McDonald’s was successful earlier this year in opposing Supermac’s plan with the European Commission.
In a 24-page ruling, the Office of Harmonisation for the Internal Market (OHIM) at the Commission agreed with McDonald’s that Supermac’s application for a trademark was likely to cause confusion amongst the public over the two different fast food brands and their fast food products.
Supermac’s appealed the refusal but then withdrew the appeal and instead lodged a fresh application in May of this year with the OIHM. Supermac’s lodged the revised application after boss Pat McDonagh stated that the firm learnt a lot from the European decision and adjusted their application accordingly.
Any party wishing to object to the new trademark application had until next Wednesday, August 31, to make a submission, and McDonald’s has registered its opposition to the Supermac’s brand being used to sell its fast food.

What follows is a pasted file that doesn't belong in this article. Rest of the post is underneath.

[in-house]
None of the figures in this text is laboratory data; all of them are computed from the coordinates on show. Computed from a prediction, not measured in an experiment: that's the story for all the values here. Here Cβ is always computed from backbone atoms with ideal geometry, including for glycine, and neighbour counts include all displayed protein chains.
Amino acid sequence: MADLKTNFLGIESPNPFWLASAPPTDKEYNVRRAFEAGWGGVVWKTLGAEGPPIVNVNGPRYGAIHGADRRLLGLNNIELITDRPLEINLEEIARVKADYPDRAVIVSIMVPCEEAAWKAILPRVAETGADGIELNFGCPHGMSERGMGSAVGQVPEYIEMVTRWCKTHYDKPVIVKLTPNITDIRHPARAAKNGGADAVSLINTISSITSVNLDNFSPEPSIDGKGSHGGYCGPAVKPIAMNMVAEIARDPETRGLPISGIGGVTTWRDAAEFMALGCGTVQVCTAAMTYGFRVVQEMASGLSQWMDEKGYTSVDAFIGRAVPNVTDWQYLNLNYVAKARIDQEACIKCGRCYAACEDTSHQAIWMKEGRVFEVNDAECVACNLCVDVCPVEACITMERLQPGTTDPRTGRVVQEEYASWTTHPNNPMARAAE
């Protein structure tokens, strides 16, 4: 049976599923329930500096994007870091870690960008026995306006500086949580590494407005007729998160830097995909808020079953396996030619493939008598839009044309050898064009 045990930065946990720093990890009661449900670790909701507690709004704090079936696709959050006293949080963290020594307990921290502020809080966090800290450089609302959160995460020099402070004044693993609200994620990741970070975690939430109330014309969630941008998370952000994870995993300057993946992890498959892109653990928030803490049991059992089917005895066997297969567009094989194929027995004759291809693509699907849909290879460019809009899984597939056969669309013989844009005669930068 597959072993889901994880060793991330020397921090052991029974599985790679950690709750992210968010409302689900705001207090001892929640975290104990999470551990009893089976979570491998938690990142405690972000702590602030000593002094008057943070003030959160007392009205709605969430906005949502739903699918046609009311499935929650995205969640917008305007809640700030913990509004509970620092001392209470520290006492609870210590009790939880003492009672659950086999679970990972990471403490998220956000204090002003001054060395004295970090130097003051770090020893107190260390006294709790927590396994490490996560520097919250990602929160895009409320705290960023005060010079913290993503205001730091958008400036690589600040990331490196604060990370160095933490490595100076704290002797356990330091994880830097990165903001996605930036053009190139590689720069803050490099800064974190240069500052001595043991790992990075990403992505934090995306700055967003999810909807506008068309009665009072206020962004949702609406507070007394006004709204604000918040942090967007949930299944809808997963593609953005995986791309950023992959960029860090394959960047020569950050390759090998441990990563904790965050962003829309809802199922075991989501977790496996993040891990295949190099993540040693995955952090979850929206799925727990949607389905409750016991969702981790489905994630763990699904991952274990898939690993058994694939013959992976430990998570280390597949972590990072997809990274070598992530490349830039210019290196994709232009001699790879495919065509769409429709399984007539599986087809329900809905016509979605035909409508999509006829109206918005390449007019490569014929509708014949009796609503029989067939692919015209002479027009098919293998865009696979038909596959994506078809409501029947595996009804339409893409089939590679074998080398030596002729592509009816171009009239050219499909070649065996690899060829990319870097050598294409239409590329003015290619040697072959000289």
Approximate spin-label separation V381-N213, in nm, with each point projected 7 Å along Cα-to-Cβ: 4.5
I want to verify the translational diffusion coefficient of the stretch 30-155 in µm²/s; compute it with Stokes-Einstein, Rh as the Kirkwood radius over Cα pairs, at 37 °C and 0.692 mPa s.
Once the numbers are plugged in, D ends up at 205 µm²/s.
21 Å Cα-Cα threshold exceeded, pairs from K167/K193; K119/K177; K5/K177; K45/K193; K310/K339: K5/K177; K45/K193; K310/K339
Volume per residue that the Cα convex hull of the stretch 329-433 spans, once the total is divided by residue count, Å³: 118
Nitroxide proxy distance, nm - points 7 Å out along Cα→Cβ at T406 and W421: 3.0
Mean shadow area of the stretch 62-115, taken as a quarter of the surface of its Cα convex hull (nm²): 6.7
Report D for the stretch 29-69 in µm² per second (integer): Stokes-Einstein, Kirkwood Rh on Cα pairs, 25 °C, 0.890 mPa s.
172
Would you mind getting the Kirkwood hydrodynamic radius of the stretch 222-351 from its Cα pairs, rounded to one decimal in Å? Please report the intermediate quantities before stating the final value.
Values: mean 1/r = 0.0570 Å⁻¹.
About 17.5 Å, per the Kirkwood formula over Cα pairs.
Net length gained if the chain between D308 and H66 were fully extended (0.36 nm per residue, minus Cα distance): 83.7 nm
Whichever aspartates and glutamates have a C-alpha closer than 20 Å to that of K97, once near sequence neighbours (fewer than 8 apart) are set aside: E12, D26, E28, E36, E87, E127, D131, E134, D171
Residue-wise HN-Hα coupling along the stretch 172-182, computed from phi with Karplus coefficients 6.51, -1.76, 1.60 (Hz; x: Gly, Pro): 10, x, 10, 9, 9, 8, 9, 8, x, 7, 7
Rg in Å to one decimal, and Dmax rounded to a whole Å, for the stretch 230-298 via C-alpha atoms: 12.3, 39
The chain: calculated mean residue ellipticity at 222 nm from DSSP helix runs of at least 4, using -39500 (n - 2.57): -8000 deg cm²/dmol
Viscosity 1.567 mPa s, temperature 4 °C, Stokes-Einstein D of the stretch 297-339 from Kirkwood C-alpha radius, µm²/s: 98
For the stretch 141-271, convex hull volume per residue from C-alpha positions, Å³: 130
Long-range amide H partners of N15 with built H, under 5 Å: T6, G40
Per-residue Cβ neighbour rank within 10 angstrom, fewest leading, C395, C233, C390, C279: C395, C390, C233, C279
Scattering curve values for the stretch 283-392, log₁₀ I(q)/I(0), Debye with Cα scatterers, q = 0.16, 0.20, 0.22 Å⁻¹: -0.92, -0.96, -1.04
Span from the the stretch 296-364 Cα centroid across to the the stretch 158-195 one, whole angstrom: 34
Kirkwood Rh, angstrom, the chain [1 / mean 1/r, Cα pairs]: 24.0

In papers lodged with the OIHM at Allicante, Spain, McDonald’s has confirmed it is basing its opposition to the Supermac’s brand as “there exists a likelihood of confusion on the part of the public” between the two brands.
A spokesman for the OIHM said yesterday there will be a two-month cooling off period after August 31 and if the two parties can’t agree, McDonald’s then has two more months to state its opposition to the trademark.
Supermac’s will then have two months to respond to the points made by McDonald’s and then the OIHM will then makes its decision. MacDonald’s has successfully blocked Supermac’s from operating in Australis and the EU since mid-2014.